But even warding off killer asteroids is not Lubin’s ultimate goal. What he really wants to do is use the same laser array technology, bulked up even further, to accelerate miniature spacecraft to ultra-high velocities — up to 20 percent the speed of light. Those spacecraft would have sails to catch the laser beam. Once launched, the mini-probes could then explore planets and search for signs of life in the universe.
 

jward

passin' thru
The Odds of Successfully Mining Asteroids
Posted on

5-6 minutes





Star Wars


The Hoth asteroid field, which Han Solo improbably and awesomely navigates, is chock full of asteroids that contain valuable minerals and materials, including platinum. While I doubt there are any exogorths (space slugs) or mynocks (the winged parasites that live on the slugs–but you all knew that, right?) on these asteroids, the centrality and value of these celestial rocks in the Star Wars universe is not mere science fiction. Neither is the scenario in Leviathan Wakes, a book by James S. A. Corey and now a Syfy series called The Expanse, in which people have colonized the solar system and set up mining stations on asteroids.

In November, President Obama signed the Asteroid Resources Property Rights Act, which allows Americans to mine asteroids and to own or sell the materials they get. Planetary Resources started billing itself years ago as “the asteroid mining company” and believes asteroid mining will become a reality within the next decade. The Star Wars lore regarding asteroids is accurate—they are indeed hugely valuable. Some contain vast quantities of water, which Planetary Resources hopes to convert into rocket fuel, but even more profitable than that are metals, such as gold and iron, and the most lucrative element of all: platinum. While the existence of an all-platinum asteroid hasn’t been substantiated, we know there are asteroids with millions of tons of platinum out there, and they’re worth trillions of dollars.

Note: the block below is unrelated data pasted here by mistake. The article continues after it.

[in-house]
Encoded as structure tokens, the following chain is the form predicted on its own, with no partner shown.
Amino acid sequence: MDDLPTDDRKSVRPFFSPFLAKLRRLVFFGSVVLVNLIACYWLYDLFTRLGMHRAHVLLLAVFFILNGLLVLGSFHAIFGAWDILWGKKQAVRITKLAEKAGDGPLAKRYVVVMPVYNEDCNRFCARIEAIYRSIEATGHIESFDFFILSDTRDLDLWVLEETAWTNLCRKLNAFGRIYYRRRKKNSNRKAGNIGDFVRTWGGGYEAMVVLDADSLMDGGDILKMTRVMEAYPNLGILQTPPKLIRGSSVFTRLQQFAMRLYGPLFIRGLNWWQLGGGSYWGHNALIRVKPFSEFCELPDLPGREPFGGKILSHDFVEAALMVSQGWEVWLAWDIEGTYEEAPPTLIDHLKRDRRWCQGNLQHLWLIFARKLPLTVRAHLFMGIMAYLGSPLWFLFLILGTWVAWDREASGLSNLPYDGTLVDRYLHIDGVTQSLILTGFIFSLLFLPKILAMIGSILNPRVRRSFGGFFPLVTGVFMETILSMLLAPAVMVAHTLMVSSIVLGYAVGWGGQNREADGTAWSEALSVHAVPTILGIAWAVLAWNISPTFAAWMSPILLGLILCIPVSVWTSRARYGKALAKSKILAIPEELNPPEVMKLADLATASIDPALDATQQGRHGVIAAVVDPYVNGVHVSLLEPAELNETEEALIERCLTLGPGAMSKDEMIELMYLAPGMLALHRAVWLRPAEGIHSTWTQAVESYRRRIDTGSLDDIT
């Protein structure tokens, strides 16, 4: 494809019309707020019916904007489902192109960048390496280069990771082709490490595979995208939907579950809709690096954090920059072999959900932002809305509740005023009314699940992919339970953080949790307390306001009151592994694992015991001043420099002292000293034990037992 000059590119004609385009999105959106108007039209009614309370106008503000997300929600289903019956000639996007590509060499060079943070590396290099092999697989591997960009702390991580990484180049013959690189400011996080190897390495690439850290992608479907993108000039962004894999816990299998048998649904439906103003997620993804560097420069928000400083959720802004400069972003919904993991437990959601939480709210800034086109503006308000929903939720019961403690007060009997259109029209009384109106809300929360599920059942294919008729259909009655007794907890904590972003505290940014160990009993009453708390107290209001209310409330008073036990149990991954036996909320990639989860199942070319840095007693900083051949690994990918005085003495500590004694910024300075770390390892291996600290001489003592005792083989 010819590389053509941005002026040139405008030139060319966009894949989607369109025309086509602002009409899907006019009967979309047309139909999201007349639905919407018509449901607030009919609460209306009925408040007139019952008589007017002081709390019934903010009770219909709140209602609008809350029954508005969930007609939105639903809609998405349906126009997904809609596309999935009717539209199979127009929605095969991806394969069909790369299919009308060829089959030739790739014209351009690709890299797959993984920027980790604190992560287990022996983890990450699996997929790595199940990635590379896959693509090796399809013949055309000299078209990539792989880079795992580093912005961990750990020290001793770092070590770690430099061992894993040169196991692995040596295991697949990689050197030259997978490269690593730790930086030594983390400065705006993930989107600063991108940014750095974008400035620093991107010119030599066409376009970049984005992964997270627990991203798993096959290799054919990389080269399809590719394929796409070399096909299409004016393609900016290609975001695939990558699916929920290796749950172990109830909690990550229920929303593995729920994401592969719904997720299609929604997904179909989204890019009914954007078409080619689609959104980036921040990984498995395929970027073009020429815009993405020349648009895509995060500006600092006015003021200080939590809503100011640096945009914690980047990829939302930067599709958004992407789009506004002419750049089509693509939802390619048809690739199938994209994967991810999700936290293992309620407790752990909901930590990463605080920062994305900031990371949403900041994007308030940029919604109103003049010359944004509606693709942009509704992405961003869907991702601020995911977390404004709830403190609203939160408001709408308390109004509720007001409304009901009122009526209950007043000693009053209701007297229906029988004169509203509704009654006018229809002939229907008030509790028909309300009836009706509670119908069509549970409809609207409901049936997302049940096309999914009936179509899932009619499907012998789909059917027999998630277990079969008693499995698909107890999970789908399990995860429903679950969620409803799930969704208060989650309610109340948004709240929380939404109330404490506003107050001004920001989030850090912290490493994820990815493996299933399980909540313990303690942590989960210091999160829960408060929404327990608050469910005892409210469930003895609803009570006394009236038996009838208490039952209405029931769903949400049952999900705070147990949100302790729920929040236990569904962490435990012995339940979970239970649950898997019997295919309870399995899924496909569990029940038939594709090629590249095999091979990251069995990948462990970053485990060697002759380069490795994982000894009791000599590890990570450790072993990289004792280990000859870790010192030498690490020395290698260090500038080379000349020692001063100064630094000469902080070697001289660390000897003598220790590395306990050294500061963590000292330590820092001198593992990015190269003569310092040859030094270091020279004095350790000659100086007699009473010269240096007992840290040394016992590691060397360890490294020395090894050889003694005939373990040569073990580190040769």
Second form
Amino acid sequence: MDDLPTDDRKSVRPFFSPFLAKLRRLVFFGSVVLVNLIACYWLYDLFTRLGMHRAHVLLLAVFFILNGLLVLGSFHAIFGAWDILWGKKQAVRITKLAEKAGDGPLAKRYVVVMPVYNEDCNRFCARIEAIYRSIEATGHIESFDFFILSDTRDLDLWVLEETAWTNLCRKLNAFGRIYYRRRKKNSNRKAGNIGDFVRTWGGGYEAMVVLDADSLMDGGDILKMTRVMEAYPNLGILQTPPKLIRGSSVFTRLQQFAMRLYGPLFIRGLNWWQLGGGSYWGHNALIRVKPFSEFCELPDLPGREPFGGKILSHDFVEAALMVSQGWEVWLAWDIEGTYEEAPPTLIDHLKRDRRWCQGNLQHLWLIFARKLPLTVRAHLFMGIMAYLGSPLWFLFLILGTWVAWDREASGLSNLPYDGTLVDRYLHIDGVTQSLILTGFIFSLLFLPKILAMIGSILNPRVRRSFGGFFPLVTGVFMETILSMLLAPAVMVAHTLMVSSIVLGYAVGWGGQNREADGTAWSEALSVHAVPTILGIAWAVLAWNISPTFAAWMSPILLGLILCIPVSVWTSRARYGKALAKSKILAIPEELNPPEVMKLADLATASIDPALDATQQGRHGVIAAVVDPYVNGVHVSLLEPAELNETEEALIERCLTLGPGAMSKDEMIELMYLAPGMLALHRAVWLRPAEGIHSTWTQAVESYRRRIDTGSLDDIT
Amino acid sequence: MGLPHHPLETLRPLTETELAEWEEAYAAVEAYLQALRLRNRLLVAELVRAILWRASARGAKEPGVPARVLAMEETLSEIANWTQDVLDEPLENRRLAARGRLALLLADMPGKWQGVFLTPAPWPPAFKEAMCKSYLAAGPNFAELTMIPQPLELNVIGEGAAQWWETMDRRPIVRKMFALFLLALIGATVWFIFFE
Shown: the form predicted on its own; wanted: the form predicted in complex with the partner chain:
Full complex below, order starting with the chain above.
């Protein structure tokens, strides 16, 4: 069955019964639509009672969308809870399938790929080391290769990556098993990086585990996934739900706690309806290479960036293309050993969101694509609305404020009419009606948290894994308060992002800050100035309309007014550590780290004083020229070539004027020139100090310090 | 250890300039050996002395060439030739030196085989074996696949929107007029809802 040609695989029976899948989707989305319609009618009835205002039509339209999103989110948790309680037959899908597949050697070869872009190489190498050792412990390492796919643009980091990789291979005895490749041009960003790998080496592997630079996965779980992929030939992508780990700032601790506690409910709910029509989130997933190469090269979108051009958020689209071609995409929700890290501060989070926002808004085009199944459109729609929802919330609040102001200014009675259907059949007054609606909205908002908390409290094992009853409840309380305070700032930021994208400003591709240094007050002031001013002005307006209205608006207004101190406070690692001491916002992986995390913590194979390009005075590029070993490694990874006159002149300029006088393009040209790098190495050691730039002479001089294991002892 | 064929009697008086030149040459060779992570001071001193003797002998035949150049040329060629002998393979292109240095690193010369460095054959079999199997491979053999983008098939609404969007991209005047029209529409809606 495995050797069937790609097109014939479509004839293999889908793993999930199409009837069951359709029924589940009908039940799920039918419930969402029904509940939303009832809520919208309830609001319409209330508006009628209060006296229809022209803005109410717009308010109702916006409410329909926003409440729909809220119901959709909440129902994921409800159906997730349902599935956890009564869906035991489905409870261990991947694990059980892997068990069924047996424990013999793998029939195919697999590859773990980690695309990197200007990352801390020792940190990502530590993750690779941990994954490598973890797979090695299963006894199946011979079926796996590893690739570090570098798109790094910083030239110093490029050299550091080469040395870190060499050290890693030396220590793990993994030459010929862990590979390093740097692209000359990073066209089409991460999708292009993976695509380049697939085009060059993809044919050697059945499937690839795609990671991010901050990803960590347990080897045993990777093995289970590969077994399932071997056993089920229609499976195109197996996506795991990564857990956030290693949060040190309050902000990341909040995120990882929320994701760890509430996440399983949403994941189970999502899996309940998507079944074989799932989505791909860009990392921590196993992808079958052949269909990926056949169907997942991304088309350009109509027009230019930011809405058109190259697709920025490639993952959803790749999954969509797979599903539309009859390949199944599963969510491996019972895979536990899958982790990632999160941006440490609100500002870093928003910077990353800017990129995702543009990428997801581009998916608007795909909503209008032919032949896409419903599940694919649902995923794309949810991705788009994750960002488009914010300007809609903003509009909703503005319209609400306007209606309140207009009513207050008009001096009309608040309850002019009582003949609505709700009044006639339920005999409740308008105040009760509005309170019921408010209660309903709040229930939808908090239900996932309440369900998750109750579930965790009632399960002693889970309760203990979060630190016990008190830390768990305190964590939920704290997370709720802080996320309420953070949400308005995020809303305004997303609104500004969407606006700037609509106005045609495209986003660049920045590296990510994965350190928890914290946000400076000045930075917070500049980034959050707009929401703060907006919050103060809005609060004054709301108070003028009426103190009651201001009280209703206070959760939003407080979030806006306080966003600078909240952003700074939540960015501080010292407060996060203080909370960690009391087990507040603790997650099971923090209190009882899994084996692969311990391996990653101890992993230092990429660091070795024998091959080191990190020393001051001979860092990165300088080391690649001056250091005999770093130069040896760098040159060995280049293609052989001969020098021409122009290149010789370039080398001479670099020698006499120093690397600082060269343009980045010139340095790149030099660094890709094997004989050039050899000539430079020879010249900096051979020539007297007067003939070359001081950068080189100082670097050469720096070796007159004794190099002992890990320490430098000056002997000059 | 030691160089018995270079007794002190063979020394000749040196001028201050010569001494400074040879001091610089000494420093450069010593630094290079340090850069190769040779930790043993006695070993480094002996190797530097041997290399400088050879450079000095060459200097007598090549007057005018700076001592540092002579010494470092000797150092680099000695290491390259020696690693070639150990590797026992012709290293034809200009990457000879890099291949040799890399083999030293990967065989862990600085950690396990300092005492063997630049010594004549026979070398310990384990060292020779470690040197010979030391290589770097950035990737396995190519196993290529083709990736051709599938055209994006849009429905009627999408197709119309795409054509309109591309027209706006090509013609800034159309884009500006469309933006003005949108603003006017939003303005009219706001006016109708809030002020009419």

asteroid resources

So…how exactly will we go about mining asteroids?
The first step is identifying them. Most asteroids live in the belt between Mars and Jupiter (asteroids closer to Earth usually are comprised of rock and are the least valuable type). Satellites such as Planetary Resources crowd-funded ARKYD will allow companies to target asteroids they want to mine.

There are a few different strategies for asteroid mining, the most predictable of which involves having a robotic miner harvest the desired material. But scientists are also considering using rockets to tow asteroids into Earth’s orbit or even bagging them up for easier hauling, or for concentrating sunlight to heat them up, making it easier to excavate water and other material. Some scientists think that near-Earth asteroids would be great fueling and supply stations.